Every year the growers parade their new introductions for the coming season in grand style. This continual merry go round of plant material is what makes the nursery wheels go round. I’ve mentioned it before and will again, that not all new plant varieties are better or even as good as some of their predecessors. Some will stand the test of time and others will slowly fade into the sunset.
But, yes here comes the but, the promise of something new and exciting to grace our gardens is very appealing to gardeners as it should be. Gardening is a lot of very hard work, and we deserve to treat ourselves, with moderation of course. A few new garden plants each season seems reasonable to me.
Part of the fun of new plants is the names they are given. Looking through some of the introductions from Proven Winners I couldn’t help but notice how many names have references to food. You wonder if you should be planting these plants in your garden or eating them. A few I found to be interesting and worthy of a try in my garden this spring.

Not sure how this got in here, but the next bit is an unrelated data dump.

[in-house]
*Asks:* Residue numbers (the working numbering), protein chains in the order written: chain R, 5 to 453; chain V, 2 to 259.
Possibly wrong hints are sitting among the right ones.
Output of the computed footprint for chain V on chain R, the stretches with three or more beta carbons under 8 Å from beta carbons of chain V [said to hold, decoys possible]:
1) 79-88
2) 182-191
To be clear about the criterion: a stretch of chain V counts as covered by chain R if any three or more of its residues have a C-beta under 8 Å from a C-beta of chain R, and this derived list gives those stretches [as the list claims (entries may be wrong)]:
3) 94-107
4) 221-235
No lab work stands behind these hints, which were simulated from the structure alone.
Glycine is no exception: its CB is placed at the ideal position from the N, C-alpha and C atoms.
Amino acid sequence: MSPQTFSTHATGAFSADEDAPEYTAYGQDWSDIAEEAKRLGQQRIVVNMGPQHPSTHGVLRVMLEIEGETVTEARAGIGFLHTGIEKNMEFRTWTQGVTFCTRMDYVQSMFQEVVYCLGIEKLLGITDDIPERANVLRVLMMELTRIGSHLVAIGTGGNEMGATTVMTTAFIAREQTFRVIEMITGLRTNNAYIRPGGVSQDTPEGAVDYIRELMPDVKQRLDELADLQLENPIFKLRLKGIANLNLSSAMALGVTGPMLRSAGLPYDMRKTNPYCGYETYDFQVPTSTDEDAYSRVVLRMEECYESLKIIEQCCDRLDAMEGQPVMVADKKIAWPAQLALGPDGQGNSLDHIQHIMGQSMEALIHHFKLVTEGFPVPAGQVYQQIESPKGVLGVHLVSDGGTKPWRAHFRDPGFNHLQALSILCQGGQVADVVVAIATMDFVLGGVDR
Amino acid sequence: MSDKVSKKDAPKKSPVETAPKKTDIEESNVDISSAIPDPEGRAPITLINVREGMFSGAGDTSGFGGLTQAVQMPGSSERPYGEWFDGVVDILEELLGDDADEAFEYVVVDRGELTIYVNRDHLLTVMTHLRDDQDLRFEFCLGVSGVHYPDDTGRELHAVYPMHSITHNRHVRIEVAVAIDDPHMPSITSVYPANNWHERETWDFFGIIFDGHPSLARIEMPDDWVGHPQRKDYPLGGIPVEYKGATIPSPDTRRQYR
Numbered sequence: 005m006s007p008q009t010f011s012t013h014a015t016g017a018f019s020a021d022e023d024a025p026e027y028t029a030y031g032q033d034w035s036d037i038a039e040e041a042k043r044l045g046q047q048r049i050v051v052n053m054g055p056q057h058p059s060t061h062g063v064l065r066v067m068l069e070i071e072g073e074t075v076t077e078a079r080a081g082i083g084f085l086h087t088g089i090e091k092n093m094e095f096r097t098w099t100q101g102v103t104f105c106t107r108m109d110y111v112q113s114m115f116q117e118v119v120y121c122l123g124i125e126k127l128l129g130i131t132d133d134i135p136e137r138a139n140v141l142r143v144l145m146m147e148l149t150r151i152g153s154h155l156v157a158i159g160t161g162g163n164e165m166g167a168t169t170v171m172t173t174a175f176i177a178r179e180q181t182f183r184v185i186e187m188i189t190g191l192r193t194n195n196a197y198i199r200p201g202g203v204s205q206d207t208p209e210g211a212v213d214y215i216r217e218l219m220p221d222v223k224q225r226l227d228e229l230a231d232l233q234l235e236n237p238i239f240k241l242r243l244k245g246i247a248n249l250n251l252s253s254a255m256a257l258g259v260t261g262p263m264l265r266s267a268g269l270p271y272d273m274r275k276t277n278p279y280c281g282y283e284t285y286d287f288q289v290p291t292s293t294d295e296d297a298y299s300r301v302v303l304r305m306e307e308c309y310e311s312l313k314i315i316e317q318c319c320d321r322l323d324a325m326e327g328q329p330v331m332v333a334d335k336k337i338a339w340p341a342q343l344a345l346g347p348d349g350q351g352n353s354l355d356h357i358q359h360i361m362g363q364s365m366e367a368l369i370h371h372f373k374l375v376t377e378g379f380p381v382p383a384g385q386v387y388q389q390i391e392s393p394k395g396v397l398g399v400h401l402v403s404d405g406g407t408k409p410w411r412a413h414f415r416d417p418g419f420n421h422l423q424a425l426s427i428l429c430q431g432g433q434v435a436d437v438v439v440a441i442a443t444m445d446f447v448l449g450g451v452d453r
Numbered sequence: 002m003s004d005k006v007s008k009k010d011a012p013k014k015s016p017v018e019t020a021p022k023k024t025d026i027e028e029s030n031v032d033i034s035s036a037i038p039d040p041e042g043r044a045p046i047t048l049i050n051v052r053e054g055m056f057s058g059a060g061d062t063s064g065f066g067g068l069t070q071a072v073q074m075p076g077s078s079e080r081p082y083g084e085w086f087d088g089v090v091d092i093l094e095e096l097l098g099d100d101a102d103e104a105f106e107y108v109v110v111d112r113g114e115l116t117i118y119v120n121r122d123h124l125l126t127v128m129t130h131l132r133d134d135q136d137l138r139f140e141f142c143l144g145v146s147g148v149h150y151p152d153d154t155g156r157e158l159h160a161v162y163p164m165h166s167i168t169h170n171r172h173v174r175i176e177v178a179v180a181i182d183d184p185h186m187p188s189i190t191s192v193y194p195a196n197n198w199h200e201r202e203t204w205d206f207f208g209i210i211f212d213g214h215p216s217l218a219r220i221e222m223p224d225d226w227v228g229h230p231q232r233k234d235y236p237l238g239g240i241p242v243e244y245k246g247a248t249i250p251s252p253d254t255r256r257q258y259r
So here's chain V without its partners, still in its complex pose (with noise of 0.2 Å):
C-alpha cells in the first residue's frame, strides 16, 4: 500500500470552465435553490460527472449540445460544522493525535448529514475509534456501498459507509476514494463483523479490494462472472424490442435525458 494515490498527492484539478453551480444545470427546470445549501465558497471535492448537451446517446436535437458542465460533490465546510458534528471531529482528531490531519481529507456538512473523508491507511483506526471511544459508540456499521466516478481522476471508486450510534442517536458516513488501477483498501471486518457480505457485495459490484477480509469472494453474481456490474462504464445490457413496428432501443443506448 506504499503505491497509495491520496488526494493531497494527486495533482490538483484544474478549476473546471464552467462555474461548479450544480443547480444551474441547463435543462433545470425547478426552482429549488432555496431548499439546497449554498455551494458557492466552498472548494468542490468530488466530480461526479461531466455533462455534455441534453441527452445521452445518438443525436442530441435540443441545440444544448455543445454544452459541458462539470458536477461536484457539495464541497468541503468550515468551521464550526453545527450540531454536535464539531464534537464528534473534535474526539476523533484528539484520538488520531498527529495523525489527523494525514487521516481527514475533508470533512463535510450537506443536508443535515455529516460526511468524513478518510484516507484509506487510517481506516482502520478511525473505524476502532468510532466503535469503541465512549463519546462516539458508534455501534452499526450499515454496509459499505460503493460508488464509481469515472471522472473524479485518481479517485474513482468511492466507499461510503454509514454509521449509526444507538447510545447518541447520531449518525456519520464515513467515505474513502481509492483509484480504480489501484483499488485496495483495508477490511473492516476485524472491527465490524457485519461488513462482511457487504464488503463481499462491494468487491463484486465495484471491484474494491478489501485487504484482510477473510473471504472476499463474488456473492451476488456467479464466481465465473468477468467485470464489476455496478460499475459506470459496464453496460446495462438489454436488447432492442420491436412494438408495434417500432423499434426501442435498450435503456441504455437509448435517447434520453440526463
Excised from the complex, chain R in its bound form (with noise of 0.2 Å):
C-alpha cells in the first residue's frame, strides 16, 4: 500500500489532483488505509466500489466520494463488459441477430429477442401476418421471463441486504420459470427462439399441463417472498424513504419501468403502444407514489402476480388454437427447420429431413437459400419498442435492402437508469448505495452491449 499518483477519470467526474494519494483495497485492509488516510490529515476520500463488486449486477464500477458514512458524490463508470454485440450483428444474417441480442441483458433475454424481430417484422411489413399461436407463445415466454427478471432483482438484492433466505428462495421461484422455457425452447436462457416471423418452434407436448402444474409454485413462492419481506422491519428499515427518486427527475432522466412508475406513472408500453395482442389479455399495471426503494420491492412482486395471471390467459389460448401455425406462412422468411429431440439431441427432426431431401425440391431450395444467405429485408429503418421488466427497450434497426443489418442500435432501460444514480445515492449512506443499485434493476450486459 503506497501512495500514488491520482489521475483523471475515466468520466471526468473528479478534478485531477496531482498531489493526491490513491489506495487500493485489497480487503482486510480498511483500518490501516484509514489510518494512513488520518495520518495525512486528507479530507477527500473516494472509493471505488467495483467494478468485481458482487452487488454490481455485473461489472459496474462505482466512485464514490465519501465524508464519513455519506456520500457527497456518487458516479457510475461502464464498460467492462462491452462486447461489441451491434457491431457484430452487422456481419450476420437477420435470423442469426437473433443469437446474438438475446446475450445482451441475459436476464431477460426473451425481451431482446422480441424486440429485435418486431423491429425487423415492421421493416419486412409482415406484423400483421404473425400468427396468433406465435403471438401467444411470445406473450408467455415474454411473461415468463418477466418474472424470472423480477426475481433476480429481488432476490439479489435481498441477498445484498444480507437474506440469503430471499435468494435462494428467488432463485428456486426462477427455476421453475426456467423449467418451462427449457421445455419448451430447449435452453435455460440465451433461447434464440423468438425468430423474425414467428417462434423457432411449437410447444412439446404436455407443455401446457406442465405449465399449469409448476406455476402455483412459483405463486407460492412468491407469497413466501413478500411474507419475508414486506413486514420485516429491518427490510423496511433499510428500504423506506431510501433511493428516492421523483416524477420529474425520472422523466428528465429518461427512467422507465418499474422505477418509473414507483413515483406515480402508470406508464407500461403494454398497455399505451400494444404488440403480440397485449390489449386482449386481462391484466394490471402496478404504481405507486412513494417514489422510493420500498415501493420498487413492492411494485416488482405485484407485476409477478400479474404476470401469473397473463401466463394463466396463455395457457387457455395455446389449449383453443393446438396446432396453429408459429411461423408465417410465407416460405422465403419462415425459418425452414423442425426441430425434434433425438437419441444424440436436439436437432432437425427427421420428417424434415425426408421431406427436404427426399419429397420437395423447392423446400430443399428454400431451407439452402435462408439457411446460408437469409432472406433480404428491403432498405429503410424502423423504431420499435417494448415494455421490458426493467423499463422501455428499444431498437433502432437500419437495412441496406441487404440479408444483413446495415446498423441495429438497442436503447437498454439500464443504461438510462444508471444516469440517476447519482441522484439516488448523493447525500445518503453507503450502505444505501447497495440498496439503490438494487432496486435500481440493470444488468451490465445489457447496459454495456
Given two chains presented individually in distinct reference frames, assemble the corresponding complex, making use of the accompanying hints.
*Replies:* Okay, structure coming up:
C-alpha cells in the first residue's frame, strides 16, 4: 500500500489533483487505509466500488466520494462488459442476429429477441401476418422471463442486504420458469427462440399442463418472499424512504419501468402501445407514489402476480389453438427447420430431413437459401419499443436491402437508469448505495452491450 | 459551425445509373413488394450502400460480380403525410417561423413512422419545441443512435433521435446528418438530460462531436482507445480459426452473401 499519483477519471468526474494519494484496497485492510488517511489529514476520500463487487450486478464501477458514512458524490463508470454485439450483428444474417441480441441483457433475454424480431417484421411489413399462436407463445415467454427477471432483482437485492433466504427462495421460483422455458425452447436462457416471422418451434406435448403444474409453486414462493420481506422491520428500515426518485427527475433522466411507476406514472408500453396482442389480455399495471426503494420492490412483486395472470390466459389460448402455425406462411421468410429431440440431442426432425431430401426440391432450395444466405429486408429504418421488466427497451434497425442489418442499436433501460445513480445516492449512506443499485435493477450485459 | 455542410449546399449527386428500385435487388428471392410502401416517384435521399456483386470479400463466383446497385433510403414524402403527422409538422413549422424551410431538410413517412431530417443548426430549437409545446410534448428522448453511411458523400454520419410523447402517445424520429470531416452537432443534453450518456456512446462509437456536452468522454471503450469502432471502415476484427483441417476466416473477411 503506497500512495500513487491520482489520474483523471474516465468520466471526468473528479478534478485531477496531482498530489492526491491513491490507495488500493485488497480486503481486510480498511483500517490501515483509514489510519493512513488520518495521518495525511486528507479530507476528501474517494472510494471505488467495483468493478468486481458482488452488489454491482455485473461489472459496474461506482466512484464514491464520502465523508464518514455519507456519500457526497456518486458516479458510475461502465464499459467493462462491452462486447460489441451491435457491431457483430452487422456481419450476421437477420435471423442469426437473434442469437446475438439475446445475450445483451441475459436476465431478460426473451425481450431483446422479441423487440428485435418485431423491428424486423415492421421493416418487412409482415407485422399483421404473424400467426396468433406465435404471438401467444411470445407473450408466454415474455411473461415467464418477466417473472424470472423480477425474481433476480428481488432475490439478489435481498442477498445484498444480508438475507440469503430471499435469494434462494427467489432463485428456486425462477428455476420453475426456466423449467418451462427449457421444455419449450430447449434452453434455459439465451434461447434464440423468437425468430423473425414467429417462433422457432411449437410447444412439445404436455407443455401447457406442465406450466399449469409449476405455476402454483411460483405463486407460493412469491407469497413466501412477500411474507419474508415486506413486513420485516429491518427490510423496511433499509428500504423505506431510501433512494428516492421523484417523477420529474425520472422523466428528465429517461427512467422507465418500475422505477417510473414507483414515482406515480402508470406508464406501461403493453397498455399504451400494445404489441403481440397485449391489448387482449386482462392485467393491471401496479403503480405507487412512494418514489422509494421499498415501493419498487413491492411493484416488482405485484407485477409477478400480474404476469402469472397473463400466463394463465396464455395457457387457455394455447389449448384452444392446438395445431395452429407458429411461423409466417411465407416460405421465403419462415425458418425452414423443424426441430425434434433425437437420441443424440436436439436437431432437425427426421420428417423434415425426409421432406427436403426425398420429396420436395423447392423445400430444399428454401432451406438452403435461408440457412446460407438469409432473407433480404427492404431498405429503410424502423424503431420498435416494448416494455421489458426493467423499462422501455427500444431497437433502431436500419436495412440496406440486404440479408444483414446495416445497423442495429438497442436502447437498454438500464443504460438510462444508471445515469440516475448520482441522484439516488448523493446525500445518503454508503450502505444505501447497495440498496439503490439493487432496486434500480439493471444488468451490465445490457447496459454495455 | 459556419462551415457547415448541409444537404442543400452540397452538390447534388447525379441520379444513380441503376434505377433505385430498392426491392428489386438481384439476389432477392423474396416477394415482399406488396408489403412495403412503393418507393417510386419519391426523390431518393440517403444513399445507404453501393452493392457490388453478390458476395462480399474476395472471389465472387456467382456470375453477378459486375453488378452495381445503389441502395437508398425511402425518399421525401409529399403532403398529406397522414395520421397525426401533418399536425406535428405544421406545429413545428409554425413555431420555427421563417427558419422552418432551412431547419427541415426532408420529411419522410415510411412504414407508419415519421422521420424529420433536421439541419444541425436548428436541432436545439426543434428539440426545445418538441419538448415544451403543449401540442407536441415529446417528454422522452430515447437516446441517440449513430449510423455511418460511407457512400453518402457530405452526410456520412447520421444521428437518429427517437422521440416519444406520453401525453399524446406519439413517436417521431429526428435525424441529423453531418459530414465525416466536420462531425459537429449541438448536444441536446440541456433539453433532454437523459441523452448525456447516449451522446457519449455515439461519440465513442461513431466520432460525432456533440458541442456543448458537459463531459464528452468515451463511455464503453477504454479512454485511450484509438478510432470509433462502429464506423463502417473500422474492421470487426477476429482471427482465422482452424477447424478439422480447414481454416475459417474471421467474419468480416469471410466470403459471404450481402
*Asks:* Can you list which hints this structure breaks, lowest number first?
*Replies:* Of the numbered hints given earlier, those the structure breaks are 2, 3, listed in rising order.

Superbelles “Lemon Slice” (Calibrachoa)
This plant has a very intriguing yellow and white pin wheel color pattern. As with other Superbells it is disease resistant and grows in a mounding habit. About 6-12 inches tall and 12-24 inches wide. Grown as an annual for beds or containers.
Hibiscus Summerific “Cranberry Crush”
Deep green leathery maple-like leaves with deep scarlet, red huge flowers (7-8 inches across). A zone 4 plant for full sun or partial shade. An upright habit of 36-48 inches tall and 48-60 inches wide. Hummingbirds love it.
Super Tunia “Watermelon Charm”
A heat tolerant and drought tolerant annual. Deadheading is not required as it cleans itself. Growing 8-12 inches tall and 18 inches wide it is suitable for the landscape and containers. A mounding trailer, it blooms from spring to frost in full sun, using average water.
Dianthus (Pinks) Fruit Punch Series
“Apple Slice” / Black Cherry Wild” / “Coconut Punch” / “Pomegranate Kiss”
Plant in full to part sun. Fragrant flowers develop on top of a low mound of grey-green foliage. These are continuous or re-bloomers which butterflies love and deer hate.